With the drumbeat for repeal of the new software services tax growing louder, the Massachusetts Department of Revenue today pushed back the date for reporting and remitting sales and use tax collected or accrued on sales governed by the new law until October 20 for monthly filers.
Less than two months after its controversial enactment, several major proponents of the passage of the Massachusetts software services tax, including Governor Patrick and Democratic leaders of both the House and Senate, have reversed course and are supporting a vote to repeal the tax.
In light of these developments, the Department of Revenue issued Technical Information Release 13-14 and instructed taxpayers that have accrued use tax on purchases of taxable software services made between July 31 and August 31, that they are not required to report those purchases on their Massachusetts use tax return until the September return due October 20. Similarly, vendors that have made taxable sales under the new software service tax between July 31 and August 31 should not report these sales on their August sales tax return. Instead, vendors should wait and report these sales on their September return as well.
Given the uncertainty surrounding the scope of the services subject to the tax, if the tax were to be repealed, the only approach that would make sense is a complete repeal retroactive to the date it was implemented—July 31, 2013. Making the repeal effective any other date would serve to preserve all the administrative difficulties that the tax was expected to create, while still sacrificing most of the revenue that the tax was expected to produce. In contrast, a repeal retroactive to July 31 will allow the Department of Revenue to avoid the need to promulgate rules and to train auditors to apply a complex tax that would only be in effect for a few short months. In addition, a repeal of the tax retroactive to July 31 will allow taxpayers and the Department to avoid costly litigation. By issuing guidance delaying the remittance of any tax collected under the software services tax until next month, the Department appears to be anticipating the possibility that any repeal would be retroactive.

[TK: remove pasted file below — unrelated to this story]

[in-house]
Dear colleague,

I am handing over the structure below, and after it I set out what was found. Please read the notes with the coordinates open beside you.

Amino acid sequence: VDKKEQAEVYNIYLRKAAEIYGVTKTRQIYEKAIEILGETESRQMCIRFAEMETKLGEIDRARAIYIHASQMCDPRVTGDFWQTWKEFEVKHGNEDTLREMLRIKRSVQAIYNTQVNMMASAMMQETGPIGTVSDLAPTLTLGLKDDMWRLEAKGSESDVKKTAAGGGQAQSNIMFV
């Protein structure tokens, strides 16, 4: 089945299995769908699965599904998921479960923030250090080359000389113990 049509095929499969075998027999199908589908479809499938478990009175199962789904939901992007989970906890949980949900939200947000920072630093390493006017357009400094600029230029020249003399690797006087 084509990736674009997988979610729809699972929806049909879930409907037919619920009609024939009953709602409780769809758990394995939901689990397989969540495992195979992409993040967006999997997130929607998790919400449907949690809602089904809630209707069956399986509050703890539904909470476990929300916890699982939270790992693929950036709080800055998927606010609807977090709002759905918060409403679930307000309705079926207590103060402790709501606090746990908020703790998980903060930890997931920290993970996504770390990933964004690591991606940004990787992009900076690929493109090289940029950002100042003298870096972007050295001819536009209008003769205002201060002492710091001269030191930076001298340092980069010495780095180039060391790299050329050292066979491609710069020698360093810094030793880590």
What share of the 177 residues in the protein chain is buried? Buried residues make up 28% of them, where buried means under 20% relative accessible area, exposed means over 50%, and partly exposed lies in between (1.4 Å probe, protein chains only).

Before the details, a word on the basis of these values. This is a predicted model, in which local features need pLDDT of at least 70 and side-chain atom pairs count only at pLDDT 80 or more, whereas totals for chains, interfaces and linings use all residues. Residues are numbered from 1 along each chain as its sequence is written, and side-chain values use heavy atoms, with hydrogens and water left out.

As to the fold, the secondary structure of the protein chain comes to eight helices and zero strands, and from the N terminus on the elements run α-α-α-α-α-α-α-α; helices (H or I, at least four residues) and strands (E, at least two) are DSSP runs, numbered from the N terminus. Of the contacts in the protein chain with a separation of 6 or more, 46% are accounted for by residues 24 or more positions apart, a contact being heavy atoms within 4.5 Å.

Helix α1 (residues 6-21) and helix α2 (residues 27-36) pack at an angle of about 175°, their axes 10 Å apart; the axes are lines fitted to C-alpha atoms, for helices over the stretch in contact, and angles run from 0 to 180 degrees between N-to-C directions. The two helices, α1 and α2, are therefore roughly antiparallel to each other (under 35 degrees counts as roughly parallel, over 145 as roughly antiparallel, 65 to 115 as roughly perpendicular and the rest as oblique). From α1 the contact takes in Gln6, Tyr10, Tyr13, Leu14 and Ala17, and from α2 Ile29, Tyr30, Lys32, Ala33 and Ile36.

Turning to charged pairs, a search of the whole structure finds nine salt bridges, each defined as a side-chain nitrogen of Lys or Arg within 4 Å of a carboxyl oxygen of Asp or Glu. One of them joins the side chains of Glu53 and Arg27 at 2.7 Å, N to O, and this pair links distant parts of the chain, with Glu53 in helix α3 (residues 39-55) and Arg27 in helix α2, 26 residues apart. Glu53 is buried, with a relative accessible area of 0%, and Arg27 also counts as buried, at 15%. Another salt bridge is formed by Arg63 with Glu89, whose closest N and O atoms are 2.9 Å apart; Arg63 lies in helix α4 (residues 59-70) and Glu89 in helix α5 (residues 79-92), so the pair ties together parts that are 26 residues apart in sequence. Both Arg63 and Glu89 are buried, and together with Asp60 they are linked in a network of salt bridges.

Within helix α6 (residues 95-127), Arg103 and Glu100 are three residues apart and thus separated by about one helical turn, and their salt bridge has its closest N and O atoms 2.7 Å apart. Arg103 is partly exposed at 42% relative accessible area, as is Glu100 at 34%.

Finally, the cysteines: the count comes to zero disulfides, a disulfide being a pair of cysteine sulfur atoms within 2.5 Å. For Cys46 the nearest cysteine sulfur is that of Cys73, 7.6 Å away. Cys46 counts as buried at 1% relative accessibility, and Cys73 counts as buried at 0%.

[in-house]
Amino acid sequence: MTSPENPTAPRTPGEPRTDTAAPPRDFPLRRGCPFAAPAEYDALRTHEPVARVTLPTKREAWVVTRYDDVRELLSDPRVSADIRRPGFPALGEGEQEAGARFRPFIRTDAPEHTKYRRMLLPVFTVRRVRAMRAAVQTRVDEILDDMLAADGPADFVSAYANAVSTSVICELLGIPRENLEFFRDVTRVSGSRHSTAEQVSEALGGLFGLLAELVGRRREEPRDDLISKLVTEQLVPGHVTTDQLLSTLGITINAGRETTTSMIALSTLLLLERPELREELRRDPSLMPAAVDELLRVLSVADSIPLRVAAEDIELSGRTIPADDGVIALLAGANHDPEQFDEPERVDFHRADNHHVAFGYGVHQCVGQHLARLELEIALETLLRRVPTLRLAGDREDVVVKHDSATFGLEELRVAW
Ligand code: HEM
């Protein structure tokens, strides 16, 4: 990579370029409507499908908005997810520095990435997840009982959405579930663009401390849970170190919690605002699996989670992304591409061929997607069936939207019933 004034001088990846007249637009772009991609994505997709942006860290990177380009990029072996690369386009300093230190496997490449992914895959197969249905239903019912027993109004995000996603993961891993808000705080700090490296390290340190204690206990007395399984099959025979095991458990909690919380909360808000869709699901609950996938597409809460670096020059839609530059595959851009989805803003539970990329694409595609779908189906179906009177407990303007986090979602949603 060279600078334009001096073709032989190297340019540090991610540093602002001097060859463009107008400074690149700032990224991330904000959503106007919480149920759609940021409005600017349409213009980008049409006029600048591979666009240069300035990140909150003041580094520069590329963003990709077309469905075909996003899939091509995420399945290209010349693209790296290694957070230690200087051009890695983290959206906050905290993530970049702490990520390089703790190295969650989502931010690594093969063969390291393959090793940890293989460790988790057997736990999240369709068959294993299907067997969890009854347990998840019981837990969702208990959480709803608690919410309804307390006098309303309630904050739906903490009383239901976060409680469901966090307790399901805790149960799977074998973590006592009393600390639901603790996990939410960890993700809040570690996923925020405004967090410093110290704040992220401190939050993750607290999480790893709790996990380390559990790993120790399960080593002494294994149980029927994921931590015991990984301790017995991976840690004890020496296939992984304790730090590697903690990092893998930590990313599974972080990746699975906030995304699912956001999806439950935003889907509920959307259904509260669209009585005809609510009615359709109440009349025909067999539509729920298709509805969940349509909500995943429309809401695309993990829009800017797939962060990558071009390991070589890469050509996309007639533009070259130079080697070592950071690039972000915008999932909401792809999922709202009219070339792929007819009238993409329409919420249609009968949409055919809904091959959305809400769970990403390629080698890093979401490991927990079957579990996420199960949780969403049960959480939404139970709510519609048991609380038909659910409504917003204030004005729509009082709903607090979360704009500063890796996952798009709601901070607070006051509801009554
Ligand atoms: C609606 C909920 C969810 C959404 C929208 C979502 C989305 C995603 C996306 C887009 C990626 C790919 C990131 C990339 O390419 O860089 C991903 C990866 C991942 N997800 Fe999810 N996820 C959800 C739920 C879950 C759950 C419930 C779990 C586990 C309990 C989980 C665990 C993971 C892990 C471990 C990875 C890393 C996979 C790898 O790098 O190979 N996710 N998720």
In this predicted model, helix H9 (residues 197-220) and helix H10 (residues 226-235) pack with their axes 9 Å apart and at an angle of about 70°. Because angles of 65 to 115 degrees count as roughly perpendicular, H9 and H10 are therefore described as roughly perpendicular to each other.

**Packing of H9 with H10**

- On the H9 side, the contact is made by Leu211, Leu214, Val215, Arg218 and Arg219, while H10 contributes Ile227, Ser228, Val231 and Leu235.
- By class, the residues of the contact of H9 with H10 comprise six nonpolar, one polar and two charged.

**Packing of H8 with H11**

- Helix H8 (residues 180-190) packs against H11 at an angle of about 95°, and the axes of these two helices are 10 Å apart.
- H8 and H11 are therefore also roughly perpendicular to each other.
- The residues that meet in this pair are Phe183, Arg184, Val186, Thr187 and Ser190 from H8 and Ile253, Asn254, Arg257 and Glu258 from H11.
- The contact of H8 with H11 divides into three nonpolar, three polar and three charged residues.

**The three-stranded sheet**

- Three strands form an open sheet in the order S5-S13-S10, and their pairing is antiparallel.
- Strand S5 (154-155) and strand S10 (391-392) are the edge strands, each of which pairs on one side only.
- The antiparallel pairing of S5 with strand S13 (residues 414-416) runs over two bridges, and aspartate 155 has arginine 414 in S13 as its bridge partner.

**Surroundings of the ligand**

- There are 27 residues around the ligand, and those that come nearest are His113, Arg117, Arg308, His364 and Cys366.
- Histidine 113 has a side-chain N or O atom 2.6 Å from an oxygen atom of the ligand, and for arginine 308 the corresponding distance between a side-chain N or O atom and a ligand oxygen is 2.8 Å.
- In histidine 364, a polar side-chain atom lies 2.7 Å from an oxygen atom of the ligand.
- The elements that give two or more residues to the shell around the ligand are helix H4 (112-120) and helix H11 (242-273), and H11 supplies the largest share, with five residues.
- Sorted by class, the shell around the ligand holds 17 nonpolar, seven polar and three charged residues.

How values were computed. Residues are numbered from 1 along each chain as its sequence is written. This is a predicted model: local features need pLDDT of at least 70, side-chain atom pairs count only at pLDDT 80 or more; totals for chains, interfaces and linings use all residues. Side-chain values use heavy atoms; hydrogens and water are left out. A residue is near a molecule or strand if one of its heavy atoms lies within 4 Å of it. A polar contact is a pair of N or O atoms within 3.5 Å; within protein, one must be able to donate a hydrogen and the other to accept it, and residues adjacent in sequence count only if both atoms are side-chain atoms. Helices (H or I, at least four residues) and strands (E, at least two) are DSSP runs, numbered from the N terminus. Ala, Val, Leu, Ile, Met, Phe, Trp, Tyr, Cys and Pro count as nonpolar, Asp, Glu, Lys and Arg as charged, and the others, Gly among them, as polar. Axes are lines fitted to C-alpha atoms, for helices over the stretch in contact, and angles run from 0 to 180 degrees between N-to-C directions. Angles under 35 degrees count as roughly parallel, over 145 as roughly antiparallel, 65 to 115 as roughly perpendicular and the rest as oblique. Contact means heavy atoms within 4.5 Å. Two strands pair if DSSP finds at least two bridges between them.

Taxpayers that have made or are planning to make purchases including software services should follow any repeal legislation closely. Vendors making sales of taxable software services should also follow any repeal legislation closely, because vendors would be required to refund any tax collected from their customers on sales of software services if the tax is ultimately repealed retroactively.
If you have any questions regarding these developments, please contact Michael Jacobs at email@example.com. For more information on Reed Smith's Massachusetts tax practice, visit http://www.reedsmith.com/matax/.
Client Alert 2013-247